Battle over Lake Tahoe Golf Course proposal continues

By Jeff Munson
The fight is pure Tahoe: A project proposed to improve the environment versus a group of people who don't want things to change.
Mud has been thrown, sides are dug in, and lawsuits are likely looming with the proposed reconfiguration of the Lake Tahoe Golf Course as it backs up to Washoe Meadows State Park and Recreation Area.

On one side are park users and nearby residents, who say the scientists aren't deserving of their jobs nor their degrees and there is a conspiracy is to cause environmental harm rather than protect the land that backs up to the park. They are passionately arguing that California State Parks, in this instance, has ignored its own Washoe Meadows property for the past 27 years and is only doing what it is doing to enhance the golf course because it generates money for state park system.
And on the other side are scientists of all sorts of environmental stripes, all saying that the Upper Truckee River, the way it has been manipulated, degraded and abused over the past 100 years, needs major restoration. In fact, environmentalists and state scientists agree that the Upper Truckee River is the biggest contributor to suspended and fine-grain sediment that runs into Lake Tahoe.
For five years, California State Parks has studied, drafted and sampled the area and has generated what it calls its preferred Alternative 2, which is to move seven holes on the golf course.
The alternative is an "outrageous proposal to steal a significant part of Washoe Meadows State Park from the people of California," said Lynne Paulson, who is leading the fight against the proposal under the group Washoe Meadows Community.
The Washoe Tribe is also against the project. At issue is access to a grinding stone located on the south side of the park. At no time has the Washoe been denied nor will they ever be denied access to the park or to the grinding stone or any other cultural heritage features associated with the park, said state officials. The Washoe, according to State Parks, has been against the project based on its overall and cumulative belief that its places have been disrespected and that the overall integrity of the Washoe Indians has been lost.
The State Parks Commission last month voted to proceed with the project. Now Paulson and others are hoping to convince the Tahoe Regional Planning Agency that the proposed environmental restoration efforts are suspect. The League to Save Lake Tahoe has come out against the plan, arguing for the full removal of the golf course.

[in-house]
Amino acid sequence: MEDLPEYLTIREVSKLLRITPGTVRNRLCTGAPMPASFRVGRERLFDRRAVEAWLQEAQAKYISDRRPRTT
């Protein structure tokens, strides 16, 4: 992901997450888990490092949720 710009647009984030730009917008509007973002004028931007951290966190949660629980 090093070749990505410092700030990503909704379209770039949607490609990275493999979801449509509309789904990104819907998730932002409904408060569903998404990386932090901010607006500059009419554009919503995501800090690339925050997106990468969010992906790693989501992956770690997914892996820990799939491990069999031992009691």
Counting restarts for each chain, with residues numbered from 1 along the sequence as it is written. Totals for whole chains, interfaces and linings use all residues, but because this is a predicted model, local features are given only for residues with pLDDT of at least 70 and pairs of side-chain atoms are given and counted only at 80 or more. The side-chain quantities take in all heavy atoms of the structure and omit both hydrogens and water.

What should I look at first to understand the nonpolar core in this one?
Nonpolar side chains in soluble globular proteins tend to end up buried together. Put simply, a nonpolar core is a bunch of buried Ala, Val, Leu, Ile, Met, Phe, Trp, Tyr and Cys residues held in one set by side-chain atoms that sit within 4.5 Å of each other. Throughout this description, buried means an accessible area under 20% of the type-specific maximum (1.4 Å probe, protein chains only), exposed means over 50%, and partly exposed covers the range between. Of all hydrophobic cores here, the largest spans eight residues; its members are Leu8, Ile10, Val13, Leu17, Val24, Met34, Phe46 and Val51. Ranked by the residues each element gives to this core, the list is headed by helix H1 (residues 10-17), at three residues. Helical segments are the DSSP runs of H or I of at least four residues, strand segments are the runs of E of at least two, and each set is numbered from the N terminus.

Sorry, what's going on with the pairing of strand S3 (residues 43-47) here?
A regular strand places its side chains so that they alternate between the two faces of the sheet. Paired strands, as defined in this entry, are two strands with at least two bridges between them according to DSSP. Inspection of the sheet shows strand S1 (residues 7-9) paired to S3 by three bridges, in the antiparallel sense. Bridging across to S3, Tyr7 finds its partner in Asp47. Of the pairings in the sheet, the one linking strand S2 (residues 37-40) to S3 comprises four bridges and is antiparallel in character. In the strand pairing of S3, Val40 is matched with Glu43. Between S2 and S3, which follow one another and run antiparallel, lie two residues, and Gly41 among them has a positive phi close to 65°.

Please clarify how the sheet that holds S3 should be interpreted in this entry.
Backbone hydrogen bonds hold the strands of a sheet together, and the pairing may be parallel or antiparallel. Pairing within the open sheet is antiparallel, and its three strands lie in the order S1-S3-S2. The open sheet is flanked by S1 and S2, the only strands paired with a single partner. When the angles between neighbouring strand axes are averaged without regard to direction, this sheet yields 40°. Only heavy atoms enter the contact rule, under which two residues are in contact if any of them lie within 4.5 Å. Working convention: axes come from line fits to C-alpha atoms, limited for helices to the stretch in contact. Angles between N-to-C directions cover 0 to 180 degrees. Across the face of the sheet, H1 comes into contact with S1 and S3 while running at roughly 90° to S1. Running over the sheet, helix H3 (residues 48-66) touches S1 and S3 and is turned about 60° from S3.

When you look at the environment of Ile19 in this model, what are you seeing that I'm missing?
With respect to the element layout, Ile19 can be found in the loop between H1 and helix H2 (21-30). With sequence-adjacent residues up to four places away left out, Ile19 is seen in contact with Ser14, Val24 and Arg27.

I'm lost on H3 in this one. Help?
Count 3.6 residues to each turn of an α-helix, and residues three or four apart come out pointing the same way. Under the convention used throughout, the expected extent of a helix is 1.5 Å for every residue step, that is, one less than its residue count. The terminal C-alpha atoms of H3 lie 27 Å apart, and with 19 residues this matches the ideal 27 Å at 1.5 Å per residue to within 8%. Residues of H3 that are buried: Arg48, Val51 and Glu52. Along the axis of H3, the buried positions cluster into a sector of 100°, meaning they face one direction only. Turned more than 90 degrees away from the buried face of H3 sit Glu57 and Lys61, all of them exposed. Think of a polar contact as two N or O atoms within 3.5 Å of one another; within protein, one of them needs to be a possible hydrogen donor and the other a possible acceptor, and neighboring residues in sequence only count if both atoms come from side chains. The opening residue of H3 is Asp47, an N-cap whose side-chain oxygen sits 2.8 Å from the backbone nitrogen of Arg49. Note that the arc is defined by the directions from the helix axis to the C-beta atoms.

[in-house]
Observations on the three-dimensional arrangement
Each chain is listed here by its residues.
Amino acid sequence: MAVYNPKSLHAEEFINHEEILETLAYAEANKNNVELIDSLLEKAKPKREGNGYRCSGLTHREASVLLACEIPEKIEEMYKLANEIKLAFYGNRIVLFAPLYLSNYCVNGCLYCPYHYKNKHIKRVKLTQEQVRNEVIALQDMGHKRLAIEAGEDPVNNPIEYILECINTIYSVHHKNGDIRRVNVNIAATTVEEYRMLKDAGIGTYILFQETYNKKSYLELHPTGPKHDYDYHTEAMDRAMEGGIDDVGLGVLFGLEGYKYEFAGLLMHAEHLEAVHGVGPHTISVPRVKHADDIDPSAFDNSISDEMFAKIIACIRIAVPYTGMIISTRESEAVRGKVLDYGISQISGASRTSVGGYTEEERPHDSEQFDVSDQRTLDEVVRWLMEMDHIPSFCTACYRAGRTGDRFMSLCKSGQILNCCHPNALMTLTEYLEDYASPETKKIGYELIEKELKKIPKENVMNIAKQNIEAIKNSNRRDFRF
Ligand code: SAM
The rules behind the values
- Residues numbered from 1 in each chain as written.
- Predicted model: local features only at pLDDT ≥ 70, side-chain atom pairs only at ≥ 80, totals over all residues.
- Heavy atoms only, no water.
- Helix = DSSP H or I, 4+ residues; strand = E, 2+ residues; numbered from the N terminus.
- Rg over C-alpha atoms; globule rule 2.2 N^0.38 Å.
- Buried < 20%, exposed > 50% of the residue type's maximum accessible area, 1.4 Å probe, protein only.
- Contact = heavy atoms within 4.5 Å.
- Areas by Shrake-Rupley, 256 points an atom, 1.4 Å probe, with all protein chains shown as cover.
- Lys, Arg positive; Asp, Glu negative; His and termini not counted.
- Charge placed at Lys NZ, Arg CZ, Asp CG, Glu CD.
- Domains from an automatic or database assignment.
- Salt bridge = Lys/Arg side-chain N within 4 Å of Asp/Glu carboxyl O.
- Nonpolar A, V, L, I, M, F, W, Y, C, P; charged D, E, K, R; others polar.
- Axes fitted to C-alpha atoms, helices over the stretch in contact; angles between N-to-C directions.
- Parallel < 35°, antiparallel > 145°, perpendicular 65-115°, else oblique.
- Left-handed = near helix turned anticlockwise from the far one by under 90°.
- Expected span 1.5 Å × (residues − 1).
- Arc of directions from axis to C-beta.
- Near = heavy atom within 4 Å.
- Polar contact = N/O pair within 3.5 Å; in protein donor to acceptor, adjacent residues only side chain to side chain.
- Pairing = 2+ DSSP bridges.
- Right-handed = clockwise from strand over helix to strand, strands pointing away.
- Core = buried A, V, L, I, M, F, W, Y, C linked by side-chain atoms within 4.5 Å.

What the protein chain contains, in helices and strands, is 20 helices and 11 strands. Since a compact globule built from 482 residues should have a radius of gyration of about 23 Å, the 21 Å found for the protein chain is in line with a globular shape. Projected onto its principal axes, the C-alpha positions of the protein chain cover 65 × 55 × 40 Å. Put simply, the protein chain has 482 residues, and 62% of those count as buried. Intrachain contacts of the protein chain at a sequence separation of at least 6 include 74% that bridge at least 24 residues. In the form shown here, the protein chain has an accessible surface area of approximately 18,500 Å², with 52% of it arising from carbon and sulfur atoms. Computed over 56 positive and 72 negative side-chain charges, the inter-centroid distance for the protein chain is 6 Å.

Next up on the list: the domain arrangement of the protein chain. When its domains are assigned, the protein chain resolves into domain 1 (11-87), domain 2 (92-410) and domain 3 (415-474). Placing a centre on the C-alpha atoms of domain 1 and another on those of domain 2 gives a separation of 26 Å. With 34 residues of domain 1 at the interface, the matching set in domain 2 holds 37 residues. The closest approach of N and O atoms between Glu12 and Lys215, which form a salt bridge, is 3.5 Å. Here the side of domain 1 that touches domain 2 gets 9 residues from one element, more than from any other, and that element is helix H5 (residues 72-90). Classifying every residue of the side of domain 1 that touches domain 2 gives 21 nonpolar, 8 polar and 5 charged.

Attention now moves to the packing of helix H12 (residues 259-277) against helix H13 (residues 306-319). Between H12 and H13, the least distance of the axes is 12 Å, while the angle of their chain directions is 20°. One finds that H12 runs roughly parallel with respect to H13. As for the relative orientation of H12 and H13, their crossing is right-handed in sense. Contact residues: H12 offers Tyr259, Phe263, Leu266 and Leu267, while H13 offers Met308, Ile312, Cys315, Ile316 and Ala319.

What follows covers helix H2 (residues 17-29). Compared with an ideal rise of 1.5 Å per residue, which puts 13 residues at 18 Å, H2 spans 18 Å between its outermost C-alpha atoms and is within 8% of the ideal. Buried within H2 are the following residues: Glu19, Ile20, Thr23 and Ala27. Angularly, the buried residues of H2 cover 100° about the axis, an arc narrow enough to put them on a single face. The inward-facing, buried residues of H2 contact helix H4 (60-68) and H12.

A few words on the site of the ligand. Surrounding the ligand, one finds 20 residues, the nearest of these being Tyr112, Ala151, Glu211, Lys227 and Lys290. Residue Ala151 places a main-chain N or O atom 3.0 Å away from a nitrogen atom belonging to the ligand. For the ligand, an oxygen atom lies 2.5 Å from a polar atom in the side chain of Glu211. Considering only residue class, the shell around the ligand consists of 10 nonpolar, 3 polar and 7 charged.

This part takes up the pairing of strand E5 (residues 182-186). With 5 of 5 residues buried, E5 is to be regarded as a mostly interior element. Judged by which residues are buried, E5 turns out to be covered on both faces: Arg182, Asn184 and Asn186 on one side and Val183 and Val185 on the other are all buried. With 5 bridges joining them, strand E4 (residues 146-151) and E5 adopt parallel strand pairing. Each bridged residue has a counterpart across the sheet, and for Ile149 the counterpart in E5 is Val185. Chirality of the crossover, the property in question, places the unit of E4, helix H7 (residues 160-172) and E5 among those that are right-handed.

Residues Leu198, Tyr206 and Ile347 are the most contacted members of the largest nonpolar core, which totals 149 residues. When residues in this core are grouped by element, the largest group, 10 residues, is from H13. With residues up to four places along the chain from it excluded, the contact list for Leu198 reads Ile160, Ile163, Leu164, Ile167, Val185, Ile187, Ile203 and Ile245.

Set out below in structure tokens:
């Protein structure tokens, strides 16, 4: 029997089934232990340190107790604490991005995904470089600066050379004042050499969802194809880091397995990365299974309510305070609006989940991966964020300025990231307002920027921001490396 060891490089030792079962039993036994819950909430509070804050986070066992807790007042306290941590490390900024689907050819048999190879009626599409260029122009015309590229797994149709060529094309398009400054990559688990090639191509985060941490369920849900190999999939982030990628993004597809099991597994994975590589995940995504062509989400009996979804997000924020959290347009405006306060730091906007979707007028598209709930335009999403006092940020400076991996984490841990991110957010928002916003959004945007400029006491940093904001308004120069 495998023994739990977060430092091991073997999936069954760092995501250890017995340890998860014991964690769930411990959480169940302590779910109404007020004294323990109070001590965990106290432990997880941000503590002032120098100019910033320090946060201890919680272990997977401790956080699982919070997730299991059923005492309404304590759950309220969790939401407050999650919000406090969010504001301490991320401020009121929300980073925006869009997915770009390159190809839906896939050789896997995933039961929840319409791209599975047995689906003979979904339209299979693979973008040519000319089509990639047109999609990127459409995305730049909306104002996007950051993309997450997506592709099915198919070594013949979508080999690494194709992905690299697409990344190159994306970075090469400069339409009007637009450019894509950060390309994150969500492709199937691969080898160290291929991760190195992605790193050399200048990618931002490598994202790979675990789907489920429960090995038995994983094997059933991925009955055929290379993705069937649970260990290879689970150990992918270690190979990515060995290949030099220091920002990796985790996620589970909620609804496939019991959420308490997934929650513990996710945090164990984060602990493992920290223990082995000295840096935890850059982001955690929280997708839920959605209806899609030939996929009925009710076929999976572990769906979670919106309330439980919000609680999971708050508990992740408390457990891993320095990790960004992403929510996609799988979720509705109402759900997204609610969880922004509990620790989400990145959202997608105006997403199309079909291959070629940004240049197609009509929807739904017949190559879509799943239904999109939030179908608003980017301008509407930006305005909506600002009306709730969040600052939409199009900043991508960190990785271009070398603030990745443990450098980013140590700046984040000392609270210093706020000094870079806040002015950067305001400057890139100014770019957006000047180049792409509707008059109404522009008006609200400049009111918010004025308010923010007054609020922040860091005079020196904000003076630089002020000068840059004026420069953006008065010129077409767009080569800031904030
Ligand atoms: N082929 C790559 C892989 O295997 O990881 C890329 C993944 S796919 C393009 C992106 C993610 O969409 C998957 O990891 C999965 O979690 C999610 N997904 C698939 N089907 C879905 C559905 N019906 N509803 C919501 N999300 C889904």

The Tahoe Mountain News took a tour of the golf course and the holes in question and posed questions that have circulated among detractors of the plan. Here are the responses from California State Parks personnel, including various soil, river, wildlife and habitat and cultural scientists associated with the proposal.

Detractors: The golf course is being expanded.
State Parks: The golf course would remain an 18-hole, regulation golf course with approximately the same par and yardage, but area turf will decrease by ten to 15 percent (from 98 acres to approximately 84 acres).
Detractors: Project is not about river, it's just to expand the golf course
State Parks: Restoration of the river requires more room for both restored meanders and increased floodplain area. Golf course holes in this zone need to be removed to allow for restoration. The project’s primary purpose is to restore natural geomorphic and ecological processes along this reach of river, improve riparian habitat, and to reduce the river’s suspended sediment discharge to Lake Tahoe.
Detractors: The golf course was "downgraded" to a state recreation area.
State Parks: It was never "downgraded." When the state acquired the property in 1984 it set up a boundary between the State Park and the State Recreation Area. Recreation areas allow for multiple uses, such as golf.

Habitat issues

Detractors: The wildlife corridor will be degraded.
State Parks habitat scientists: The completed project will enhance the wildlife corridor. The purpose of this project is to restore the river, which means this project will be creating a riparian corridor in an area where it is currently fragmented due to the existing golf course alignment. This is the only travel corridor for wildlife that does not require crossing human development, as the entire park is surrounded by roads and housing developments.
Detractors: The golf course will block bear routes to the river.
State Parks: Bears have a very large range (up to 30 square miles) and readily cross a variety of terrain including urbanized areas and golf courses. A 2011 study used GPS collar to track a bear from Tahoe's west shore to the other side of the crest of the Sierra Nevada.
Detractors: The project has nothing to do with Lake Tahoe
State Parks: This is a high priority Environmental Improvement Program project. It is identified as a significant producer of clarity-reducing sediment.

Historic and Cultural issues

Detractors: The golf course will impact the historic Celio Barn currently located in Washoe Meadows State Park.
State Park historic and cultural scientists: The barn is not in the project area.

Water Quality and Resource Protection
Detractors: The proposed project is worse for the environment than current conditions.
State Parks Water Quality and Resource Protection Scientists: The project would restore 32 acres of the stream environment zone containing critical riparian habitat, reconnect the river to its floodplain, decrease fine sediment loads, raise the water table, and provide wildlife corridor connectivity along Upper Truckee River. It has been identified in the Environmental Improvement Program evaluation as a critical area for environmental improvement in the Lake Tahoe Basin.
Detractors: Other reaches should be restored instead of the golf course reach.
State Parks: This project is part of a multi-agency, multi-reach effort to treat the river from Christmas Valley to Lake Tahoe. It is being planned in cooperation with the Upper Truckee River Watershed Assessment Group and is part of a regional effort to restore the river in order to protect the clarity of Lake Tahoe.
Detractors say: There is nothing wrong with the river.
State Parks erosion and river scientists: The Upper Truckee River has a long history of disturbance leading to poor habitat and water quality. The river is unnaturally straight and disconnected from it's floodplain. This increases erosion and sediment and degrades riparian and stream zone habitat.
Detractors: The golf course is increasing along the river.
State Parks: The golf course is being moved away from the river onto less sensitive land. The portion of the golf course within 100 feet of the river will decrease from 6382 linear feet to 850 linear feet (Over 5,532 linear feet of the golf course is being removed from the river edge).
Detractors: Relocation of golf course will adversely impact the stream environment zone.
State Parks: The portion of the golf course in a stream environment zone will decrease from current 128 acres to approximately 96 acres, restoring 32 acres of the stream environment zone. The active floodplain area will increase by 40 acres.